Initial tests have shown that once implanted, within their protective packaging, these immature cells develop into mature hormone producing cells, including the vital insulin producing beta cells that are missing in people with type 1. Tests in rodents have shown that once mature, these packets of cells are capable of regulating blood glucose levels.

Existing cell therapies such as islet and pancreas transplantation have the potential to cure type 1 by restoring normal islet function in people with the condition. But because there is a huge shortage of pancreatic islets from organ donors, it is important to find a replenishable supply of functional insulin-producing cells. This product, by using stem cells rather than tissue form organ donors could overcome this hurdle. Furthermore, packaging the cells in a device that creates a physical barrier around the cells (a process called "encapsulation") has the potential to protect the transplanted cells from immune rejection, and may eliminate the need for chronic immunosuppressive drugs.

The three-year series of preclinical studies being co-funded by JDRF will help prepare the information necessary to apply for regulatory approvals to study the system for safety and efficacy in people with type 1 diabetes.

Rachel Connor, Head of Research Communication at JDRF said ‘JDRF is excited to be working with Viacyte and CIRM on this pioneering project. Encapsulation technologies and stem cell therapies have fantastic potential in treating type 1 diabetes, so this type of innovation could be a huge step forward for people living with the condition.’


Insulin pumps in Scotland

Access to insulin pumps improves in Scotland

JDRF is delighted that the government in Scotland has recognised the need for the greater uptake of insulin pumps. We feel it’s vital that people with type 1 diabetes have access to the medicines and equipment that help them to stay healthy and manage their condition effectively whilst we search for the cure.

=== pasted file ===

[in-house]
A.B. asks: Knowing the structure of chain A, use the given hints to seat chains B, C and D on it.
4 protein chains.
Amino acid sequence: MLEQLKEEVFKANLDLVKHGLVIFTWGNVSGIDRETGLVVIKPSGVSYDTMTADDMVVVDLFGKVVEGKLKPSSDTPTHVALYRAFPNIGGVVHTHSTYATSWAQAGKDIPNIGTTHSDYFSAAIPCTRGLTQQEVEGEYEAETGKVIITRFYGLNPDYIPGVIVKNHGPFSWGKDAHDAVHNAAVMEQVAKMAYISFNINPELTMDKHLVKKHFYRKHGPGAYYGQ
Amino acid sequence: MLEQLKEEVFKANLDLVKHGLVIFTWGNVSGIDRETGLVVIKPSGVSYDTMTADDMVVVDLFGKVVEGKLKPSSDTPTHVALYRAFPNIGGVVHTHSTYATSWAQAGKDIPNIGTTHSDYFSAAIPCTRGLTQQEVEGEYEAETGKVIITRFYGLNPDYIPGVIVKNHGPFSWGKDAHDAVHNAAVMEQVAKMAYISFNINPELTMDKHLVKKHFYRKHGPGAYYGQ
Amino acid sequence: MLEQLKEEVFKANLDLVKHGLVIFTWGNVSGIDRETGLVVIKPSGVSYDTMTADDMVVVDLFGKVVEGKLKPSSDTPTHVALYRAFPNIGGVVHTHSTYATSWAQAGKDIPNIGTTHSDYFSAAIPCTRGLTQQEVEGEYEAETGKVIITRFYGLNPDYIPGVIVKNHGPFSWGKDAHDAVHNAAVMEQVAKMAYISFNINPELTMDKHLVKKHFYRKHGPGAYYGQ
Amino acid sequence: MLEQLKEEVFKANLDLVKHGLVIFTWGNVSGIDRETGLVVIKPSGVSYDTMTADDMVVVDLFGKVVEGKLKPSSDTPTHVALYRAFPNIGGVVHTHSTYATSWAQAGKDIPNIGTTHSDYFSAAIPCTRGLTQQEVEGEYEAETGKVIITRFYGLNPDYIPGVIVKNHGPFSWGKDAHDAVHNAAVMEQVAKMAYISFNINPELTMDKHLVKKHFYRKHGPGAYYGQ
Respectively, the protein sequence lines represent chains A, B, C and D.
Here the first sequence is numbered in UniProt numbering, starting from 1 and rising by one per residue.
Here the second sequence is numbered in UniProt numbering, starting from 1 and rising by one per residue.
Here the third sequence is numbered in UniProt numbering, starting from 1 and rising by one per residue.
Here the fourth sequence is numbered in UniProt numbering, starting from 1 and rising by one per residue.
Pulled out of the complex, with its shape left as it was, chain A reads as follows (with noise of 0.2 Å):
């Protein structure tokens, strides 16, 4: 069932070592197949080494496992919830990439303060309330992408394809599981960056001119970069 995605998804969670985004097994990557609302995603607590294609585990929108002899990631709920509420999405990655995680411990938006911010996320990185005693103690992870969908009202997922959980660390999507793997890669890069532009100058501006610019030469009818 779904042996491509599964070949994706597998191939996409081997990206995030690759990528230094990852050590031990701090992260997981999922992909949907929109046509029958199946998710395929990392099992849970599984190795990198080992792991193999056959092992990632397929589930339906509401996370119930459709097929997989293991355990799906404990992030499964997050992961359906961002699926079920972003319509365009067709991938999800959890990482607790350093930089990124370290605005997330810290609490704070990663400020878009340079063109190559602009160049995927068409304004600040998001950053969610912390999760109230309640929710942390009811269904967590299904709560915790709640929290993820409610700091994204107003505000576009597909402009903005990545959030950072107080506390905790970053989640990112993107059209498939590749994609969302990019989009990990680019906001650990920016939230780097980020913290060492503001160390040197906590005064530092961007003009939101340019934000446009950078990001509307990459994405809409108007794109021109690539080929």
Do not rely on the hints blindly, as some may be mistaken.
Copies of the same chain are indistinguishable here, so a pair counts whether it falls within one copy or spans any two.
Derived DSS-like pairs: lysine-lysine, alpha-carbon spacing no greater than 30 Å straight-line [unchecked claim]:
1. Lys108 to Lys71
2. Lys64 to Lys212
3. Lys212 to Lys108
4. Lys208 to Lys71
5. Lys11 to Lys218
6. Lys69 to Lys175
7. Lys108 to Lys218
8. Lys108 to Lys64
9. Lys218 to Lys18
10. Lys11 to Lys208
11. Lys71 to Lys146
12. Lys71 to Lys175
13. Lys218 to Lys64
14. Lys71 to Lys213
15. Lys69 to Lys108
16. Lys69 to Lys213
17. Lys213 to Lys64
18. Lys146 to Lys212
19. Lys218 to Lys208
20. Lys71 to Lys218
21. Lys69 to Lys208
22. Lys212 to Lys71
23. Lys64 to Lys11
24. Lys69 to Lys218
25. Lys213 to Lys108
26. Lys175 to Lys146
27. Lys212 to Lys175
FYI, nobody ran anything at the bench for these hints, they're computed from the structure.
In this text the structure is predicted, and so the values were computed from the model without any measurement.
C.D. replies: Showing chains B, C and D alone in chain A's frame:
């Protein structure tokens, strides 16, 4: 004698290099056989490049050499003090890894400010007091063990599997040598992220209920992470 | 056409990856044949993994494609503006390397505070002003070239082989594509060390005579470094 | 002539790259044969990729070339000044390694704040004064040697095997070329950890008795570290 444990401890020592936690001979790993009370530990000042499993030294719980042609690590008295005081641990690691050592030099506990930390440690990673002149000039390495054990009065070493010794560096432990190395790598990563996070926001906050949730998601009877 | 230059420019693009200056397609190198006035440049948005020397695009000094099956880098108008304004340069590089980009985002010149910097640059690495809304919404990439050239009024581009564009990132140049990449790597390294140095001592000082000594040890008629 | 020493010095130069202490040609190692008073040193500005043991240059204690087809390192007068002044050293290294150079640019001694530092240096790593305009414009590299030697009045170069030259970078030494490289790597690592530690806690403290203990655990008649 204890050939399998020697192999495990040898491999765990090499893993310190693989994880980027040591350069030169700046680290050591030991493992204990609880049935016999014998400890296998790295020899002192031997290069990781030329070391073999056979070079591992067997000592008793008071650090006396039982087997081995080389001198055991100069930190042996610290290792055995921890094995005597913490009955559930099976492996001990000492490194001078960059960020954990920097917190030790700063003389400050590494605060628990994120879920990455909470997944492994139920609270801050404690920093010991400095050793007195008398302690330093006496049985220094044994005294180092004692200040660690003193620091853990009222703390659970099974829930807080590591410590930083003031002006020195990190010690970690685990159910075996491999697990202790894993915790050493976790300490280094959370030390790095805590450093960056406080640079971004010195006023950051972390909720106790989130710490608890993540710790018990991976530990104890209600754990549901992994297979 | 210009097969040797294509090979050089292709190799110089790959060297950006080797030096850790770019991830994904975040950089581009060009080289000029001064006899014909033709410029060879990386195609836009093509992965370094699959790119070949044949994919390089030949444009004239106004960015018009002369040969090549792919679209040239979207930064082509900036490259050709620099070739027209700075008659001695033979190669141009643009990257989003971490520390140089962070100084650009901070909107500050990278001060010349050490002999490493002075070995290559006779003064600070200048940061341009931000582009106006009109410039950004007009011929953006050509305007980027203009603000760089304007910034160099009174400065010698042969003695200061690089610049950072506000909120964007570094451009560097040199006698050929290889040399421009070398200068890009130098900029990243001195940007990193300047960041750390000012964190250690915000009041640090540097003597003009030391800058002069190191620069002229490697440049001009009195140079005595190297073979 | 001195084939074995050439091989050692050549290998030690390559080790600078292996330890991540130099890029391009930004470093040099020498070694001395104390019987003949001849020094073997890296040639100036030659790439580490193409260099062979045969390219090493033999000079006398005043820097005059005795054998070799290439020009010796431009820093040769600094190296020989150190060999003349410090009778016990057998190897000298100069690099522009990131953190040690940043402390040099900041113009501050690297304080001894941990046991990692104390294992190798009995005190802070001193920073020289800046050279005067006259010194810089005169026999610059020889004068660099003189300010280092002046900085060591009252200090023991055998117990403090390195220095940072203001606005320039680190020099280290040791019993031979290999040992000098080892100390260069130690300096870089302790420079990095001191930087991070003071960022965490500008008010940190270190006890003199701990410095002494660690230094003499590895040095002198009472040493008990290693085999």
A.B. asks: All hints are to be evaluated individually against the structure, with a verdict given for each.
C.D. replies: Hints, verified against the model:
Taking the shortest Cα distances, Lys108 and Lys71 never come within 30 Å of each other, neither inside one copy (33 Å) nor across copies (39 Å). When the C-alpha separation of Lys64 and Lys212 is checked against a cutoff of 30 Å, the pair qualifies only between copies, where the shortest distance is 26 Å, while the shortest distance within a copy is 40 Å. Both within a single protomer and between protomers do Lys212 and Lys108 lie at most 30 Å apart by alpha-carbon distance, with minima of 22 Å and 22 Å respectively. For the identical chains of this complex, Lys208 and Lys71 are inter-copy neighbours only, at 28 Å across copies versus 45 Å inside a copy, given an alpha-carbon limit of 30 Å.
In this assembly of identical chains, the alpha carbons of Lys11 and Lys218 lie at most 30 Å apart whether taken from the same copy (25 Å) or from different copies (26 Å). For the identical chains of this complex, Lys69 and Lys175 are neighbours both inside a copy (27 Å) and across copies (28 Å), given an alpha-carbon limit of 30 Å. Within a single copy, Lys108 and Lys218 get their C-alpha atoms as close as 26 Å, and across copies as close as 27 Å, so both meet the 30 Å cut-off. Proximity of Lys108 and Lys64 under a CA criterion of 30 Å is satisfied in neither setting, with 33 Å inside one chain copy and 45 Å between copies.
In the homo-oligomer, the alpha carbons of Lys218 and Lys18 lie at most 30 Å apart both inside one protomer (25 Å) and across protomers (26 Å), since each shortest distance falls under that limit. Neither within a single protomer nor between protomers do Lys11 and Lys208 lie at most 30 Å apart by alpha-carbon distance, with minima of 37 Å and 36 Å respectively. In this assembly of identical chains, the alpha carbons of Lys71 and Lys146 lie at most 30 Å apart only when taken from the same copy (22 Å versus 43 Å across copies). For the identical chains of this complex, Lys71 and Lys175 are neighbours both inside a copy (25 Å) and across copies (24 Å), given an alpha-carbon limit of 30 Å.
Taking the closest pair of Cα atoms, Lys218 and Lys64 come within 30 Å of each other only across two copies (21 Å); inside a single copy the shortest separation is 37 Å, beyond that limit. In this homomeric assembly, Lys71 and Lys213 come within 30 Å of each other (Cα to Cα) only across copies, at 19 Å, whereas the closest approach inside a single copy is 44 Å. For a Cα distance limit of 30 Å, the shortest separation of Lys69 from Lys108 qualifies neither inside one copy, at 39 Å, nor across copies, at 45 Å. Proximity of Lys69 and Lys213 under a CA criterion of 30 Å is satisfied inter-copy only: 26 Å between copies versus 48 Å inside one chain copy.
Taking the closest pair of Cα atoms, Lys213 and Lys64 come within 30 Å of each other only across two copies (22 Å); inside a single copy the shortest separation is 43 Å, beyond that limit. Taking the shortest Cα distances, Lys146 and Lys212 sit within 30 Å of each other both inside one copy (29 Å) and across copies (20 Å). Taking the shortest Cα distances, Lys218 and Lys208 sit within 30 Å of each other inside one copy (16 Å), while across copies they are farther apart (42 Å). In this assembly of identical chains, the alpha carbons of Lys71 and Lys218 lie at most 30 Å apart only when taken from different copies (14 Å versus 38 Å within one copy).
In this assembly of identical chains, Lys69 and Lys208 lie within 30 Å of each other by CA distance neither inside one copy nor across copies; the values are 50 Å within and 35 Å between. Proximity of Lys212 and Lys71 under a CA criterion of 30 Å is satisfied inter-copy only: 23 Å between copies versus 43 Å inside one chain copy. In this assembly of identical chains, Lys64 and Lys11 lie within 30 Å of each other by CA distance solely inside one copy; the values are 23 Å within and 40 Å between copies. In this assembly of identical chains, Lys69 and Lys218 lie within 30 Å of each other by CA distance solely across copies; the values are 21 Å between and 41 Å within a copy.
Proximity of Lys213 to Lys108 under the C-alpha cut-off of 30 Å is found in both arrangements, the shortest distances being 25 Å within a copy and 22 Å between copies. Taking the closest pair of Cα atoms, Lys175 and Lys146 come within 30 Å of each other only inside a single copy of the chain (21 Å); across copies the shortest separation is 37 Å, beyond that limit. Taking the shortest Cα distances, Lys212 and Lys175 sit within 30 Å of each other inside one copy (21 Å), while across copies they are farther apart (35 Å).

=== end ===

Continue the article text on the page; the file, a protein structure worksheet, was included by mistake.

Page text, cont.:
Health Secretary Nicola Sturgeon said, ‘The pumps can mean freedom from having multiple injections a day, and, for the youngest diabetics, can go some way to giving them back a normal childhood. I want to see insulin pumps made available to 25 per cent of children and teens with type 1 diabetes by 2013. We will also increase the number of pumps available to all Scots to over 2,000 - almost tripling the current amount over the next three years. 

‘Diabetes is a growing problem for NHS Scotland. It’s now thought that around 10 per cent per cent of overall hospital expenditure relates to the treatment of diabetes and its complications.

‘The consequences of not dealing effectively with diabetes can cause long term health problems and we need to make sure that the youngest people with type 1 diabetes get the treatment that’s right for them as early as possible.’

These plans were announced as part of the Diabetes Action Plan, which was published in August of this year. You can read the full report here.

JDRF works hard to raise awareness of the issues people with type 1 diabetes face and to ensure they have access to the best treatments and equipment to manage their condition. You can read about the campaigning work we do in more detail here.


Professionals agree: continuous glucose monitoring can help in managing type 1 diabetes

A new clinical guideline spells out that continuous glucose monitoring (CGM) can be a beneficial tool to help maintain target blood glucose levels, and limit the risk of hypoglycaemia.

The guideline was developed by the Endocrine Society, an international organisation for researchers and clinicians who work on hormone disorders like type 1 diabetes. The complete guideline is published in the current issue of Journal of Clinical Endocrinology and Metabolism

A team of experts from the society reviewed all of the evidence around CGM use published to date in order to come up with the new guidelines. They found that there was high-quality evidence to recommend the use of real-time CGM in children and adolescents with type 1 diabetes who are at least eight years old, and in adults with type 1 diabetes as well. But the guideline does stress that CGMs are only useful if the person with type 1 is prepared to use it on a daily basis.